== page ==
In the midst of reviewing, editing, and revising, one reads. Sometimes further afield than others. Malaprop’s ( is amazing in many respects, not least for the writers who flow through. Friday is Yann Martel (The Life of Pi). I missed, but deliberately (why?), Elizabeth Gilbert when she came through town. Tonight we listened to Malcolm Jones, long-time editor with Newsweek, read from his captivating memoir of growing up Southern and trying to figure it out. He was introduced by Elizabeth Kostova (The Historian, The Swan Thieves). The other week was Ron Rash (Serena), a local writer who teaches at Western Carolina, a ways over in the Smokies. I love this place.

Skip by jingo

Right. Right. Hayfoot, strawfoot, raw from the country, skip by jingo, left, left. Left my wife and forty-‘leven kids, an old gray mare, and a peanut stand. Did I do right? Right. Right …

This on finishing a 615-page (155,000-word) manuscript well enough written that I spent the vast majority of my time untangling nine uniquely disasterous sets of citations, endnotes, and reference lists. Memories of accounting work for the finance and accounting branch of the U.S. Army Corps of Engineers in Frankfurt-am-Main roll out from the corners of thirty years ago. Right brain, left brain. The twain alas meet in editorial work, certainly at the bottlewasher grade. Details details. Consistency. To what avail?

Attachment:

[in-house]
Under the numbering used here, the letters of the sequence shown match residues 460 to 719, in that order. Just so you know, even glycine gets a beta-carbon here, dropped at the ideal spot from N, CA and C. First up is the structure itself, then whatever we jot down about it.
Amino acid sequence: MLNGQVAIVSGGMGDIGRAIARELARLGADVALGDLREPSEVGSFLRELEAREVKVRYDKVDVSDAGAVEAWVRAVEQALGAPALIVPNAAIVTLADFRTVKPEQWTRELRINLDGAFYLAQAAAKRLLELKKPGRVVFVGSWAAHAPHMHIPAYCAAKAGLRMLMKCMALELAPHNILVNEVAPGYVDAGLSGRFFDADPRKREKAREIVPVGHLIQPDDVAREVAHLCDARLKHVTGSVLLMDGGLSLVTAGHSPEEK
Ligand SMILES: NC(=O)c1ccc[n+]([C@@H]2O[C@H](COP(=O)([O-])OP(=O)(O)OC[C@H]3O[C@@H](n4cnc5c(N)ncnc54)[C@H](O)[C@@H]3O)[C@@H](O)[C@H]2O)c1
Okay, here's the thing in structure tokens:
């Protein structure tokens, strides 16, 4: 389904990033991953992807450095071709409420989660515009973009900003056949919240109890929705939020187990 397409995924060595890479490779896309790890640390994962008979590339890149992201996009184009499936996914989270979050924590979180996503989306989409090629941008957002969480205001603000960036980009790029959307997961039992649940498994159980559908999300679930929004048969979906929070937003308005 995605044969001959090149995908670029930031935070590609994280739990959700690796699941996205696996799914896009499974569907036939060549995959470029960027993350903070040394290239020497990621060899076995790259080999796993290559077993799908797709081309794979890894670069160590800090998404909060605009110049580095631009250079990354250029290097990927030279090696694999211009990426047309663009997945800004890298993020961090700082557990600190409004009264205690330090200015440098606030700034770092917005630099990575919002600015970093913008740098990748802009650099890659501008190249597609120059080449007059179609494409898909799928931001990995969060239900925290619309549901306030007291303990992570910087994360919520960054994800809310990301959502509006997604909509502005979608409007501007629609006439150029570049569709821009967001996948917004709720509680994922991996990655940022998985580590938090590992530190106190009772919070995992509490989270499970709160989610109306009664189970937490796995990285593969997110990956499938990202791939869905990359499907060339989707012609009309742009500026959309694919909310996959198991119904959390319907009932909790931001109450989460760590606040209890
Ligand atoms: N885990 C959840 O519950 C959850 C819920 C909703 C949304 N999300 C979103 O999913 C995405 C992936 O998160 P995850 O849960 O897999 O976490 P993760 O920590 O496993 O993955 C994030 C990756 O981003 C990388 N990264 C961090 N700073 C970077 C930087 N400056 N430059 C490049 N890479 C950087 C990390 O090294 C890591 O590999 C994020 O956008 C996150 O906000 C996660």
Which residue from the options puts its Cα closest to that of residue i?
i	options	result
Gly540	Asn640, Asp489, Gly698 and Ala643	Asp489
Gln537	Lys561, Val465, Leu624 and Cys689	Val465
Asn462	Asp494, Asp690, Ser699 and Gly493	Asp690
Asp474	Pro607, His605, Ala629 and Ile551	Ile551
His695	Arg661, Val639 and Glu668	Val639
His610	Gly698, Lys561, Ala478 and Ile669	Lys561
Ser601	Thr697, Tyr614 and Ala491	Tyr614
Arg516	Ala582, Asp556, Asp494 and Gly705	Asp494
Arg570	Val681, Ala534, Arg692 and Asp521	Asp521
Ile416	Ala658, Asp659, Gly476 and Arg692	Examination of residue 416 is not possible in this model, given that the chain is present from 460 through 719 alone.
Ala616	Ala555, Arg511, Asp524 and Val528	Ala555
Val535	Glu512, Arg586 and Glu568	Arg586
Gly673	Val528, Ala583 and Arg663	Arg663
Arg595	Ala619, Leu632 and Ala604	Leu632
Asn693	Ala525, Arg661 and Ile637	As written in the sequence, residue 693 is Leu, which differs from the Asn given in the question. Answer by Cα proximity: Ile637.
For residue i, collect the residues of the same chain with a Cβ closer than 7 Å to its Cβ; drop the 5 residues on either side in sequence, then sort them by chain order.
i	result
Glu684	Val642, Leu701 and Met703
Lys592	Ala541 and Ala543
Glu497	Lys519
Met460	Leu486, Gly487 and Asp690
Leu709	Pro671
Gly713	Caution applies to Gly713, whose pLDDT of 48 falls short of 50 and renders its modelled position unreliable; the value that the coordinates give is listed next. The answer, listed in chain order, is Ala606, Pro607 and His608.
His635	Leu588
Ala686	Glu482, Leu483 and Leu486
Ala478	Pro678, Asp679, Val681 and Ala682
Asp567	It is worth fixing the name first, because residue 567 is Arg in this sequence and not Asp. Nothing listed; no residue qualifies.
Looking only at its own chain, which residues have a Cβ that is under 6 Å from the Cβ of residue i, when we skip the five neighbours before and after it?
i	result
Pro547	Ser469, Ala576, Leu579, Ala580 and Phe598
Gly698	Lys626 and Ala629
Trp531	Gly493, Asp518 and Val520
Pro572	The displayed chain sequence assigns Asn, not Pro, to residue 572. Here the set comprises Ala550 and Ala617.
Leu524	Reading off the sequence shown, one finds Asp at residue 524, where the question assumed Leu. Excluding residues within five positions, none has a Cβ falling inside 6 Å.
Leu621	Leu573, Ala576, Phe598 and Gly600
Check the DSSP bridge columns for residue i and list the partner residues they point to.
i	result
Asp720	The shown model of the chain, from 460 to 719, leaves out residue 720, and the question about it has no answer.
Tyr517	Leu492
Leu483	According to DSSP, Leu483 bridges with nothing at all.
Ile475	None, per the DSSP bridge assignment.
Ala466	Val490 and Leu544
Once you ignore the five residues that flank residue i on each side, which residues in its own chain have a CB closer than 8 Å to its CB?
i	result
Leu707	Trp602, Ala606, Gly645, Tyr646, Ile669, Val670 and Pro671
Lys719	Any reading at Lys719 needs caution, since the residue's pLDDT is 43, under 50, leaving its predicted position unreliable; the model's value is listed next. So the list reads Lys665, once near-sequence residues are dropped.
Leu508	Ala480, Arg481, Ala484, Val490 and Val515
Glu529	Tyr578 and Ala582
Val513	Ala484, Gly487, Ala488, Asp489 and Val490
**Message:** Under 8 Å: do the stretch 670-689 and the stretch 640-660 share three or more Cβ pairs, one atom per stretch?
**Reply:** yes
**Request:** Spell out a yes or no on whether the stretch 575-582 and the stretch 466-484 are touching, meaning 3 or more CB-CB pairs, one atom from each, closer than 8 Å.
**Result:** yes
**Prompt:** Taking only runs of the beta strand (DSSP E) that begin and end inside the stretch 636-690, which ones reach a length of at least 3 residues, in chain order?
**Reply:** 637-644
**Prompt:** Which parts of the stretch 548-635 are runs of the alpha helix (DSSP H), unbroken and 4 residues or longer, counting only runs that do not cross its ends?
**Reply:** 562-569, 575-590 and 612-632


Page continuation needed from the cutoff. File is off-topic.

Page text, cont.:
Twenty-files now uploaded to my server, waiting for a client to retrieve them. Haven’t written client. I know perfectly well that I simply must compare all the reference lists against each other to be certain that shared entries are identical.

Health care et alia

The topic of whether to use a hyphen for health care as an adjective is endlessly debated, for fair reason. Leaving off the word care, however, is scarcely a viable option. Health-care reform. Health reform.

If we were reforming health, no one would be at risk (as a colleague observed) for diabetes, heart disease, or hypercholesterolemia. Even for anything as mundane as arthritis, psoriasis, eczema, or plantar fasciitis, to strike a more mundane note.

Brevity is one thing, but common sense trumps. As Hattie McDaniels (leaning out the window in Gone With the Wind) said some time back, “It jes’ ain’t fittin’.” Nearly 80 years later, it still ain’t.

It may rile the editors of this manuscript, and the various authors of the various chapters, but every instance of health reform is getting changed to health-care reform. I think. At the moment.

Mercifully, all edits are suggestions. The authors can, if they don’t like it, change it back. I may do so myself before I submit the manuscript, for that matter.

The lingering question, of course, is the important one. Is the usage here to stay? It looks likely. Alas.